The Silkworm by Robert Galbraith

"The whole world's writing novels, but nobody's reading them."

JK Rowling shocked the literary world when she revealed that The Cuckoo's Calling by Robert Galbraith, a hit in its own right, was actually written by her. I finally got around to reading that novel earlier this year, and I immediately regretted waiting so long to read it. Rowling's penchant for detailed plots and riveting characters filled that novel. I vowed not to wait nearly as long to read the next installment.

The Silkworm finds private investigator Cormoran Strike in a much better place than the previous novel. After successfully breaking a high-profile case, Strike's business is booming. The war veteran turned detective has seen a steady stream of clients and income. Still, Strike's personal life is anything but perfect. His assistant Robin is set to marry a man who vehemently disapproves of her working with Strike. Robin has failed to get the two men in her life to meet each other, let alone come to an agreement on her own wishes. Robin longs to take her job with Strike to the next level, but fears what this decision could do to her impending wedding.

As the pair struggles to adjust to the realities of their personal relationship, another high-profile case presents itself. Leonora Quine, wife of the bestselling novelist Owen Quine, has tasked Strike with locating her husband. Owen has disappeared before, but now he's been gone for an unusually long time. Immediately preceding his absence, Owen was on the verge of finishing Bombyx Mori, his latest novel and self-proclaimed magnum opus. Strike learns that Owen's peers in the literary world were less than thrilled about the novel. It was said to make some not so subtle allusions to various people and their dirty secrets. Does the book contain something worth making its author disappear over?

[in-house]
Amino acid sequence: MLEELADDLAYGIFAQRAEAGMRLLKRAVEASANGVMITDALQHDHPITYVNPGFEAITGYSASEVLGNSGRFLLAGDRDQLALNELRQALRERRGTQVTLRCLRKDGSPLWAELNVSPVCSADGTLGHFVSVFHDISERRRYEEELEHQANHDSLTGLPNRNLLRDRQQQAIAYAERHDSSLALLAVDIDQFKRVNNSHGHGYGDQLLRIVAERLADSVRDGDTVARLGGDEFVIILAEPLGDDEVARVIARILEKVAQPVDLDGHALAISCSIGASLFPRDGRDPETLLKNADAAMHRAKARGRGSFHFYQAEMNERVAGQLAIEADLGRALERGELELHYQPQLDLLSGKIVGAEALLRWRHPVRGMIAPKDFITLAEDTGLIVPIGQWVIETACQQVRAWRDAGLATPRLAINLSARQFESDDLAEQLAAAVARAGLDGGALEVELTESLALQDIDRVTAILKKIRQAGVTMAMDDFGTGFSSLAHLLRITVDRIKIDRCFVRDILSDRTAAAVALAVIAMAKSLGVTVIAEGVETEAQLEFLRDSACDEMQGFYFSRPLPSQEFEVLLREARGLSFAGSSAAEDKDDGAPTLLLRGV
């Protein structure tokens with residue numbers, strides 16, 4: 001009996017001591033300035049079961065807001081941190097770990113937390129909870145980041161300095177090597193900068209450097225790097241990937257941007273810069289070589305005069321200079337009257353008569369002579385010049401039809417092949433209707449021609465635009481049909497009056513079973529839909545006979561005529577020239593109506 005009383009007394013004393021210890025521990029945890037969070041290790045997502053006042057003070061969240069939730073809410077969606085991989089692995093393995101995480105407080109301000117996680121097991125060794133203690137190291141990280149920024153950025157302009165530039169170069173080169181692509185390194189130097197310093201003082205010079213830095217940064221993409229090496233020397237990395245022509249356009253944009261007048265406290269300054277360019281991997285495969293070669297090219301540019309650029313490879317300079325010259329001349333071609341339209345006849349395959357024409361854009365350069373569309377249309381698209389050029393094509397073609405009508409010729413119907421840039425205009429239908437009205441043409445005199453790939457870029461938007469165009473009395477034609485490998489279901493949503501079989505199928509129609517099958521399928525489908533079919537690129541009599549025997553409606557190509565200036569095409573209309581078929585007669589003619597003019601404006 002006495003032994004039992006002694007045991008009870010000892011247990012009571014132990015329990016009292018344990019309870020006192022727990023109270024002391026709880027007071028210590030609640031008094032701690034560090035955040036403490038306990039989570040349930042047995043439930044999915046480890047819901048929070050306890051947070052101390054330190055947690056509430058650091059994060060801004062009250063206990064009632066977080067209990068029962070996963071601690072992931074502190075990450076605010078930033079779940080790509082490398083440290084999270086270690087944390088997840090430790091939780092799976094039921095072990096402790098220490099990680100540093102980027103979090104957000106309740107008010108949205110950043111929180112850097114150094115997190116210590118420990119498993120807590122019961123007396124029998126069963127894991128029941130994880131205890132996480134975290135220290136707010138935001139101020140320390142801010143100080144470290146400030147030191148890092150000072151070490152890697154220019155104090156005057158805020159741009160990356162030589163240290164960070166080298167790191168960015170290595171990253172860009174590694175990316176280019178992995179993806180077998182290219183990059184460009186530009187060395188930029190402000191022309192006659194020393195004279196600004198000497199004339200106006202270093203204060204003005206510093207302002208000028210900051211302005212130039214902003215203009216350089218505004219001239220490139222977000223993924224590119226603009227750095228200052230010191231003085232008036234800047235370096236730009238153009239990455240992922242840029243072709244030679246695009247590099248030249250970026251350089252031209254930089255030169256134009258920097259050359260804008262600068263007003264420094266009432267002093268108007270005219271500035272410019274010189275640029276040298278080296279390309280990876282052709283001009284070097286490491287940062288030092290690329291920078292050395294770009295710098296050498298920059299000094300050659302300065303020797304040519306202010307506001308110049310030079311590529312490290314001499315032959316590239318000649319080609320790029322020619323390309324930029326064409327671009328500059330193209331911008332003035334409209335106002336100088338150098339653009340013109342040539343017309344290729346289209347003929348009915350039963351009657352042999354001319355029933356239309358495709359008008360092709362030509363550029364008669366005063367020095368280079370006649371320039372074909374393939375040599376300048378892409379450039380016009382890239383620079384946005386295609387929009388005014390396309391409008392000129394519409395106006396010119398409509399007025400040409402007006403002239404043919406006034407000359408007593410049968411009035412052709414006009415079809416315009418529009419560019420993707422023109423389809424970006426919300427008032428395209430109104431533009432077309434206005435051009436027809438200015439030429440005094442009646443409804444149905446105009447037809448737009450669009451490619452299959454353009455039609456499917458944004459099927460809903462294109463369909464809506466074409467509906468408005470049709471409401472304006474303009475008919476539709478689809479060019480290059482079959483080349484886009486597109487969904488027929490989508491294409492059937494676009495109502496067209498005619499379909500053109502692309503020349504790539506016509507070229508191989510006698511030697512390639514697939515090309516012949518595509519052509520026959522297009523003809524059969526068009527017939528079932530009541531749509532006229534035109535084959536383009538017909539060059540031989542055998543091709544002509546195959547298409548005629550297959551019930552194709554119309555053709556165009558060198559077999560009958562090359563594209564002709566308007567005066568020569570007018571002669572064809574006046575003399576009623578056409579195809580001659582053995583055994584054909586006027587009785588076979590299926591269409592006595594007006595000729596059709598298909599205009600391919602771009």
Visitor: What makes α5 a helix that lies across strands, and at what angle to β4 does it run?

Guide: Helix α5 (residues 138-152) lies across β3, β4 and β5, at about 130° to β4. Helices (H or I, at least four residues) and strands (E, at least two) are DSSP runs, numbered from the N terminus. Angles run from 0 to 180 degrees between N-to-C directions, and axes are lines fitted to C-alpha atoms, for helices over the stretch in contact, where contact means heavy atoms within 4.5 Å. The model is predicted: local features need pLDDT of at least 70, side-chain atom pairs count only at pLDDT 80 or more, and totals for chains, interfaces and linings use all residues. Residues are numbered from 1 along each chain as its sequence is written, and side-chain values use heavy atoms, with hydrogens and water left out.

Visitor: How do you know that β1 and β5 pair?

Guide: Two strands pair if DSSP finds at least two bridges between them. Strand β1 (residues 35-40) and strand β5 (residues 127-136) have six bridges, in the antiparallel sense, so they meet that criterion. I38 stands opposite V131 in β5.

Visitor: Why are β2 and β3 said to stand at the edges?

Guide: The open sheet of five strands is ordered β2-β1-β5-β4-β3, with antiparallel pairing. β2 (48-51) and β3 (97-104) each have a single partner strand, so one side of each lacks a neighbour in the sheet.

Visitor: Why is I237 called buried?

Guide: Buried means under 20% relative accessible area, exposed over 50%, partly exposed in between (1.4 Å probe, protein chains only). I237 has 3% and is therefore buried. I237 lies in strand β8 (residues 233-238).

While The Silkworm is never as engrossing as its predecessor, it still fires on all cylinders. The characters from top to bottom are each well drawn and believable. Strike and Robin see their relationship pushed to the next level as they learn to grapple with success while facing the curious literary world that Owen Quine was a part of. I've read some complaints that Rowling spends too much time describing small details that don't end up adding to the story as a whole. I see these descriptions as Rowling building her world, and never felt like they bogged down the pace or detracted from the suspense. I continue to be impressed by Rowling's writing and can't wait to read the next novel in this series.

For more information, visit the author's website, Amazon, and Goodreads.

(2017, 39)

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4 Responses to “The Silkworm by Robert Galbraith”

  1. I still haven't delved into this series but I did read her other book-for-adults: The Casual Vacancy. It was absolutely, completely depressing. Didn't expect that! I hear this series is really good.
    Rebecca @ The Portsmouth Review

    1. You're not the first person to tell me The Casual Vacancy was depressing. This series has some dark moments, but it is all surrounded by some good humor too!

  2. Now you have added two books to my list. I was hesitant to read her fist, but will do so.

    1. They are totally worth the read. I'm looking forward to reading the third novel soon.


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